Blog Tour: When The Rainbow Turns Black by Peter J. Venison

Book Extract: When The Rainbow Turns Black by Peter J. Venison

I am pleased to be welcoming Peter J. Venison to Novel Kicks. He’s here with the blog tour for his book, When The Rainbow Turns Black. 

This is the epic story of four young men, born in obscurity in South Africa at the height of Apartheid. Two are white; two are black. All four achieve fame in their lifetime. It is also the story of the women in their lives, with mixed race marriage, love and deception, set against a background of huge political and social change.

Expectations are high for the new Rainbow State, but will they be met amongst the corruption and greed that is endemic? Can our four find their way in the new South Africa or will they be derailed and overcome by events beyond their control or even by their own passion? Their journey through the world of international sport, show business and politics is riddled with twists and turns as they battle to prosper in the ever changing place they call home. Can our four young men survive and prosper in the post Apartheid era or will their futures and that of their country turn black?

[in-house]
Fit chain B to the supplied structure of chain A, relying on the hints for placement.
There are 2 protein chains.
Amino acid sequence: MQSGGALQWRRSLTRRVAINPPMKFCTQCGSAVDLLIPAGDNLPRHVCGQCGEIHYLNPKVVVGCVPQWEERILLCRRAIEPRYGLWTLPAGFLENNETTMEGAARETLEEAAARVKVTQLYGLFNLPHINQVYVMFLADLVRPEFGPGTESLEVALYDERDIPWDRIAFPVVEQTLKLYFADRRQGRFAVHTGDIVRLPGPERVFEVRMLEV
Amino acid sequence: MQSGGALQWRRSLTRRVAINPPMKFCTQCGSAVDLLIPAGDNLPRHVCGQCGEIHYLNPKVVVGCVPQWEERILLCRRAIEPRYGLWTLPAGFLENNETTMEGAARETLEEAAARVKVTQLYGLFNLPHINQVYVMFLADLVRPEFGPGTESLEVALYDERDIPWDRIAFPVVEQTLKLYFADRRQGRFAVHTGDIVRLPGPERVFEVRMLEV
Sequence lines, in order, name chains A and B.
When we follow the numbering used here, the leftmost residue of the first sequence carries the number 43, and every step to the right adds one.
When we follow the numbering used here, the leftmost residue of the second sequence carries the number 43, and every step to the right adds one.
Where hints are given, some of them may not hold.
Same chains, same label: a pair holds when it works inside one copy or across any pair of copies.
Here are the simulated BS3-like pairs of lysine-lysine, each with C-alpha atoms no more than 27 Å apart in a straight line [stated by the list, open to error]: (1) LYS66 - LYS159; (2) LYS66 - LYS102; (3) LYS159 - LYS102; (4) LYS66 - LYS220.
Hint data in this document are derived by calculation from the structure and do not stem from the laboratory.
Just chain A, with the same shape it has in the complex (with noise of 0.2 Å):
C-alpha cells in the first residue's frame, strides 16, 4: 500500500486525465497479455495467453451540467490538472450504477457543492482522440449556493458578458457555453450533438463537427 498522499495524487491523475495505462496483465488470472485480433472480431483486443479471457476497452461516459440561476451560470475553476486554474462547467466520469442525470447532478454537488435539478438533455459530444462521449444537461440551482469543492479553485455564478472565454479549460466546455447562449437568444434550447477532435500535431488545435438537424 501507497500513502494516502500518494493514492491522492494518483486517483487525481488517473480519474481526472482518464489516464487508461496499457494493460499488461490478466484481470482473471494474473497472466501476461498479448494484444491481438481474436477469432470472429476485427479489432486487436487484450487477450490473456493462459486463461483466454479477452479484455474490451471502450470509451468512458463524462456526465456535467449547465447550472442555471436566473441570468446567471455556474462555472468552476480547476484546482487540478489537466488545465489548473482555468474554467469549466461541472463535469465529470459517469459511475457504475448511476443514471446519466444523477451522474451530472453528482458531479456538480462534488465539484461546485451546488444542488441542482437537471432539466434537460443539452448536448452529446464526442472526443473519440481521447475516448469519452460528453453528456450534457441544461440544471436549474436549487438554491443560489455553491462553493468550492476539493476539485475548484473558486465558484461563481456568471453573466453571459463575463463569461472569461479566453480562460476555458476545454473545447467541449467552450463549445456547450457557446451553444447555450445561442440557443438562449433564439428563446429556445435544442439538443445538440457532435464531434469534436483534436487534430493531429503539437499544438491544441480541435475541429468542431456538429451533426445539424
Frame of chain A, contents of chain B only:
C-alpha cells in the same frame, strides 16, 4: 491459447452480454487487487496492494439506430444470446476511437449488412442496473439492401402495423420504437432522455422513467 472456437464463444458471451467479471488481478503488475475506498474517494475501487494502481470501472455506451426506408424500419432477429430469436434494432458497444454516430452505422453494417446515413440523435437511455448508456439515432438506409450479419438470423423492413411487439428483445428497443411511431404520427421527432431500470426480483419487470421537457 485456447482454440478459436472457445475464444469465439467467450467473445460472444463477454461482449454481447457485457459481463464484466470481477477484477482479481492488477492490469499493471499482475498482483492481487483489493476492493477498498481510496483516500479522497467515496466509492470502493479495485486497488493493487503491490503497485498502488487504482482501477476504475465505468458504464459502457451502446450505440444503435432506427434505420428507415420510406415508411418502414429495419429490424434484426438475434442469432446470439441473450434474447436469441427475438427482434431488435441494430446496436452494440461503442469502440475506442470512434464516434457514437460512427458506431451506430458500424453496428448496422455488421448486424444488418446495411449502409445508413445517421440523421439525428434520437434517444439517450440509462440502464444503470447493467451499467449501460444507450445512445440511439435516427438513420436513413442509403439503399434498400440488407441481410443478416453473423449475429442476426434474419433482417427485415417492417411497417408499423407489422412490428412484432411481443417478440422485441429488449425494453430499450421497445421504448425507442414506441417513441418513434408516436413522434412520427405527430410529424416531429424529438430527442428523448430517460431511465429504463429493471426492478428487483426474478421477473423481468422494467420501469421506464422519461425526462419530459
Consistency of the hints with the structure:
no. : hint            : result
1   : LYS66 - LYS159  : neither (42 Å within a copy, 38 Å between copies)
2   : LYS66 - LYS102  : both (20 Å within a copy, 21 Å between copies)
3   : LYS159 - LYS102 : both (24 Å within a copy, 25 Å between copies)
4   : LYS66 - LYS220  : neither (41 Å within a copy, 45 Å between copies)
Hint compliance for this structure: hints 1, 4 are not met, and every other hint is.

This is a rollercoaster ride that will keep you strapped to your seats from its humble beginning to its surprising end.


Peter has shared an extract with us today. We hope you enjoy it.


*****beginning of extract*****


It is January, 1970. Two little boys are starting school for the first time. They both live in Randburg, a suburb of Johannesburg, South Africa. They are both white. One of them, Gerhadus, is quite nervous; the other, Lance, can’t wait. Randburg is a large suburb, covering several square miles and the two boys live in different areas, each with their own primary school. Gerhadus is attending the General Christian De Wet primary in Triomph and Lance, the Laeskool Jim Fourie in Crosby. They will both be taught primarily in the Afrikaans language, since their districts are heavily populated with Afrikaners, but, because English is the other official language in the country, they will also have lessons in English. They will be taught to neither speak nor write any of the other eleven languages in common use in the land of their birth; these are the languages of the native Africans, who make up 80% of the population.

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